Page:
FAQ: Is UGC more helpful or harmful to journalism?

The latest set of questions in the semi-regular FAQ section on this blog are about UGC, and come from a student at Liverpool John Moores. Here they are…

Is UGC more helpful or harmful to journalism?

Helpful, of course! Journalism has always relied on information and media (photos, video, audio) from readers/the audience and sources. The difference is that we now have access to a much larger amount of that information.

This represents a challenge, but the only way you might see it is as ‘harmful’ is if you assumed journalists would be publishing information without checking it first. Surely journalists wouldn’t do that..?

One of the problems with the term ‘UGC’ is it masks a wide range of types of content and sources. UGC might be information from a stranger, or from a known source, or from a celebrity or public figure. It might be text or images or video or audio. When the term is so broad it’s difficult to say anything definitive about it.

How trustworthy is the verification of UGC?

That depends on the person verifying it, and the information being verified. Really what you are asking is ‘How trustworthy is the verification of information?

The more clues we have about a piece of information, the easier it is to verify it. Images are useful because the metadata, for example, can help establish things like the device used to take it and the location (which can in turn be compared with claims by the source and other information like the weather in that place and time).

The history of an account can give us clues as to its credibility (was it set up recently? Does it have connections with real people, or lots of bots? What does it post about?)

I could go on and on – there are lots of techniques.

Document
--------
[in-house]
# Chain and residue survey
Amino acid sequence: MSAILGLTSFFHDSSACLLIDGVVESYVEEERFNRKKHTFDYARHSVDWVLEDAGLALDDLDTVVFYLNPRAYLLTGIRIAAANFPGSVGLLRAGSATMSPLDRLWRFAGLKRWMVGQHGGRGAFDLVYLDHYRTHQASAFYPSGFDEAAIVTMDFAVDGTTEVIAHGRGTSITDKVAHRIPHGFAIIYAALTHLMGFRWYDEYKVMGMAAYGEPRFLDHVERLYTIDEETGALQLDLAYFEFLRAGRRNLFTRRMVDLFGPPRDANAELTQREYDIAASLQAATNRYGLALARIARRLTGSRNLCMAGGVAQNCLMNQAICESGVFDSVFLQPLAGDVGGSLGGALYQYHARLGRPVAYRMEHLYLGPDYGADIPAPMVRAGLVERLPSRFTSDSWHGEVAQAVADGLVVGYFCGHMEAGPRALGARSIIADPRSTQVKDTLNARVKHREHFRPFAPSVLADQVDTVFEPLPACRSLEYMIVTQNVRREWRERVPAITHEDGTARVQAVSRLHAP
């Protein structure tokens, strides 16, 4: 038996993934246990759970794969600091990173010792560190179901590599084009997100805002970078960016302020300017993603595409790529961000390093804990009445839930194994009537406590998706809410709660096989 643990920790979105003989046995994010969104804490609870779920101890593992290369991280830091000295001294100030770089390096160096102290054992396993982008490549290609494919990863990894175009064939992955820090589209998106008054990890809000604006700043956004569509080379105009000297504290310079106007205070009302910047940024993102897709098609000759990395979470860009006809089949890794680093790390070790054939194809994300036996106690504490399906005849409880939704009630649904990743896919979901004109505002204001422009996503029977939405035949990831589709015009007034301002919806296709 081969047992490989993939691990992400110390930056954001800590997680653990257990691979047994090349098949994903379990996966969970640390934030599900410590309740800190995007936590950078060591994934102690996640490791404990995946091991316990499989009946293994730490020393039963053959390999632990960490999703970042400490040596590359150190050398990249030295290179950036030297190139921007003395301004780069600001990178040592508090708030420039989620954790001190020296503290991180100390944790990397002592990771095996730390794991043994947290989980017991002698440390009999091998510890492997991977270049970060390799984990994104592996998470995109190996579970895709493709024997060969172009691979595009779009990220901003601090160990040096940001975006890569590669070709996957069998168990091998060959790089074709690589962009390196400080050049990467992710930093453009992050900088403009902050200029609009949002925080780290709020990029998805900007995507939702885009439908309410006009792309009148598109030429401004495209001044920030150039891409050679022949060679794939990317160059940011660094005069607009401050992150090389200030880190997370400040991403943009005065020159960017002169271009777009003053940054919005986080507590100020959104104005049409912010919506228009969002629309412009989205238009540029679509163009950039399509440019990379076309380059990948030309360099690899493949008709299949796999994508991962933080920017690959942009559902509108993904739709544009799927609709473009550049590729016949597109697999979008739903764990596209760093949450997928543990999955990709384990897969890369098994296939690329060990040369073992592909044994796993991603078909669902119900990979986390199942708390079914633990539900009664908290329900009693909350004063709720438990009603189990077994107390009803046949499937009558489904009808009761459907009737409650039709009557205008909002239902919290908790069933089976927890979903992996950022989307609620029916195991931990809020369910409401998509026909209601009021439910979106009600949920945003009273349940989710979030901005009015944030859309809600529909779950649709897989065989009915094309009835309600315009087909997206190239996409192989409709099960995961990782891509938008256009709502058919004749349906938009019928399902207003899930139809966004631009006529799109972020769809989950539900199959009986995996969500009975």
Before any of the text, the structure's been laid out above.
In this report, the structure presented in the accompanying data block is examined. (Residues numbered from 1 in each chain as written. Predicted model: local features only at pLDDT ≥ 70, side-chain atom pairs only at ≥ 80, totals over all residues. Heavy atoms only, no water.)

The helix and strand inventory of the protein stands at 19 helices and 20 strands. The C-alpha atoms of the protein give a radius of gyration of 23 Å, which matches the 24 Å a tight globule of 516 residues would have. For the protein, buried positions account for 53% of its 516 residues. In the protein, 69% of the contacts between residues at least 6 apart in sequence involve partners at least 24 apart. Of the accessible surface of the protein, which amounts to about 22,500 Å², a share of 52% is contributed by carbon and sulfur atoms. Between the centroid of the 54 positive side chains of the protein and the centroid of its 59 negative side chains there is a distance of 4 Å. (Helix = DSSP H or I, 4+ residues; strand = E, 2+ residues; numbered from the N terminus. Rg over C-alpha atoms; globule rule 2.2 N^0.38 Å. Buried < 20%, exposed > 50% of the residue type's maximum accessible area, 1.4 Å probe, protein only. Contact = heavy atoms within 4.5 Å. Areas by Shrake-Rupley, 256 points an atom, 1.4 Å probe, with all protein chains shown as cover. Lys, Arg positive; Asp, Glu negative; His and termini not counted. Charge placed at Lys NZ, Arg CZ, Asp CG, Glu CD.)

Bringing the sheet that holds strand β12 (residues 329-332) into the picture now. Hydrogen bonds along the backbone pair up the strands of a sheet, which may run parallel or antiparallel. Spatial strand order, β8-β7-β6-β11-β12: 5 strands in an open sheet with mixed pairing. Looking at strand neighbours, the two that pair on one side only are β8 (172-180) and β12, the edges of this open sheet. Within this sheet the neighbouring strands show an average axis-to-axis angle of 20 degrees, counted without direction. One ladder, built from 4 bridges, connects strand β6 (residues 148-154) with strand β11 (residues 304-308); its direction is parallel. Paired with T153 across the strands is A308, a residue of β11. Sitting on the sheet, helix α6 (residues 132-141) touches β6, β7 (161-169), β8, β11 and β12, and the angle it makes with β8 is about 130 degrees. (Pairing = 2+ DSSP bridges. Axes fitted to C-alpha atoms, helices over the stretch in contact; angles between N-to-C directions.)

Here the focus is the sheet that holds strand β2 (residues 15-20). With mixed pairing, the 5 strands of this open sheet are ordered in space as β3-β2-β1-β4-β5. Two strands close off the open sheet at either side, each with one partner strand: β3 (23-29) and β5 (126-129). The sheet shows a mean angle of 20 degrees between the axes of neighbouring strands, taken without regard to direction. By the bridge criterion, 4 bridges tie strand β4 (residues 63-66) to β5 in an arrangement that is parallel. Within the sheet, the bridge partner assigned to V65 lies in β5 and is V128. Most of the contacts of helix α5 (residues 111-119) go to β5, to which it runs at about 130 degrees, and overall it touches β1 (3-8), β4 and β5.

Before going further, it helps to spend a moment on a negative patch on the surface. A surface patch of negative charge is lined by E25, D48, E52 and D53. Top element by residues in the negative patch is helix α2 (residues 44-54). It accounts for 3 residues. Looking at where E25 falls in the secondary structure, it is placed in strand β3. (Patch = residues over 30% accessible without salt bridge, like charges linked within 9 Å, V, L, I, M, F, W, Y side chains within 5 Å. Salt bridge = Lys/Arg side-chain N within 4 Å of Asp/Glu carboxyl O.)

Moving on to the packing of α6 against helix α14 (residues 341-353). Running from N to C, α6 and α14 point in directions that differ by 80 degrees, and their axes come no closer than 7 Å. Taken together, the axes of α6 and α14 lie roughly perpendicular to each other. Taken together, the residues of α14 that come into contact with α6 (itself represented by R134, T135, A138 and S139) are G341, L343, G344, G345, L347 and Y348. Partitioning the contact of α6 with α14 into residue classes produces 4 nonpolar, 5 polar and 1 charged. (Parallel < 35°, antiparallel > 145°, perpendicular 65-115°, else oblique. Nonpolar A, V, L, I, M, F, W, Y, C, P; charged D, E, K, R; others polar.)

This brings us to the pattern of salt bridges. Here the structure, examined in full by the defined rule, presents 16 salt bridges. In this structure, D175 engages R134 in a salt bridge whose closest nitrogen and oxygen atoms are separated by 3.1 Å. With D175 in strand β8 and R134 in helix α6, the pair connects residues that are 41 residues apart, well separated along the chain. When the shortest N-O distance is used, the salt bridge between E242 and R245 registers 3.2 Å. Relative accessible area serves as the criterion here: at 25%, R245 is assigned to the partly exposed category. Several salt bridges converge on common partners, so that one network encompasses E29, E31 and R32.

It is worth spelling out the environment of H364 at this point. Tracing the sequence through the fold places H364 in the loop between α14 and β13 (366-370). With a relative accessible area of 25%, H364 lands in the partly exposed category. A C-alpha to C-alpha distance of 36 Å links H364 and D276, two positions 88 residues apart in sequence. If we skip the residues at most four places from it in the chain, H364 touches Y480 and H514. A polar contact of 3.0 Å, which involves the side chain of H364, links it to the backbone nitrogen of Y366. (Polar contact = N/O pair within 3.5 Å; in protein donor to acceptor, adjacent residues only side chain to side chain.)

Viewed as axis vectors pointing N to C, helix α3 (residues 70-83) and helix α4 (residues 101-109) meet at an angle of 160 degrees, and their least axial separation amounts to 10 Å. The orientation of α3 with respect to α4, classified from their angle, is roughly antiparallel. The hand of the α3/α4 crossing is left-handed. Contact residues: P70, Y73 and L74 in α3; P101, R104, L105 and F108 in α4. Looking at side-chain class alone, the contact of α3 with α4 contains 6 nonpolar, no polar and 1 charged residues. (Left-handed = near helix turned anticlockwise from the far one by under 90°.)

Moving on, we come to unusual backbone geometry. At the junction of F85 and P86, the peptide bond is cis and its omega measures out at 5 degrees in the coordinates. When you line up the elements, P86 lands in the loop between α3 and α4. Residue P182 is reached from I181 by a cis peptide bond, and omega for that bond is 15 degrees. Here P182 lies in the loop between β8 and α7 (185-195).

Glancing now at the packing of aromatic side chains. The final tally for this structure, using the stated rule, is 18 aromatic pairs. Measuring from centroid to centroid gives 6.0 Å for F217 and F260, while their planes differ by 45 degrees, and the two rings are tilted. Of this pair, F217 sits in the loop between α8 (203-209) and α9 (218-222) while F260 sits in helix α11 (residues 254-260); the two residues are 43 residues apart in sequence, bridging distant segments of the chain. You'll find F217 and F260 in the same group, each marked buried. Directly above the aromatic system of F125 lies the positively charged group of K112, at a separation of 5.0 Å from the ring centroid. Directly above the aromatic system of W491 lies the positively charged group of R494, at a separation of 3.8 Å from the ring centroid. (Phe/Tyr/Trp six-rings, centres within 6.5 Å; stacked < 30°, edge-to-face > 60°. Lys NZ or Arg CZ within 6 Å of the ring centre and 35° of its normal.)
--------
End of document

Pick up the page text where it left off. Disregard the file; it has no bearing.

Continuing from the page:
When I hear someone worrying about UGC what they are invariably really worrying about are the standards of the journalists relying on it.

Does UGC put more pressure on journalists to develop more skills such as filming and editing?

No, I think in some ways it can lead to journalists becoming more desk-bound as they don’t have to go out to get some footage.

What does put pressure on journalists to develop skills such as filming is the transformation of newspaper and radio organisations into digital-first operations (which need video), and the growth of online video as a source of advertising revenue in publishing.

UGC of course also provides more leads that the journalist can follow to get that video — or more reasons why they might need to do so.

More recently there’s been a further expansion into social-first publishing which means journalists have to produce video for social platforms, so there’s that as well. I guess you could argue that UGC has forced journalists to be more competitive about the quality of the content that they put on the same platforms, but it’s also other journalists upping their game on social too.

How do you feel about CNNs iReport project?

I’m amazed it’s still going, I think it’s from an earlier age – when journalists had the ego to think people wanted to be ‘citizen journalists’. In reality it turned out that most people had no particular reason to want to share their images with news organisations – they just wanted to share them directly with each other (with the exception of weather stories).

For that reason it’s had to reinvent itself as, essentially, a form of curation – in that sense it partly reflects the shift away from the news-centric approach that characterised attitudes to UGC before, and towards an acknowledgement that social platforms have served users much better in that respect than any news organisation.

But I also think iReport has highlighted CNN’s lack of community. If you are going to have a genuine UGC project then I feel you need to have a community and purpose which overrides the function of major social networks. It’s been interesting to watch The Guardian adapt in that direction with their UGC project Witness.

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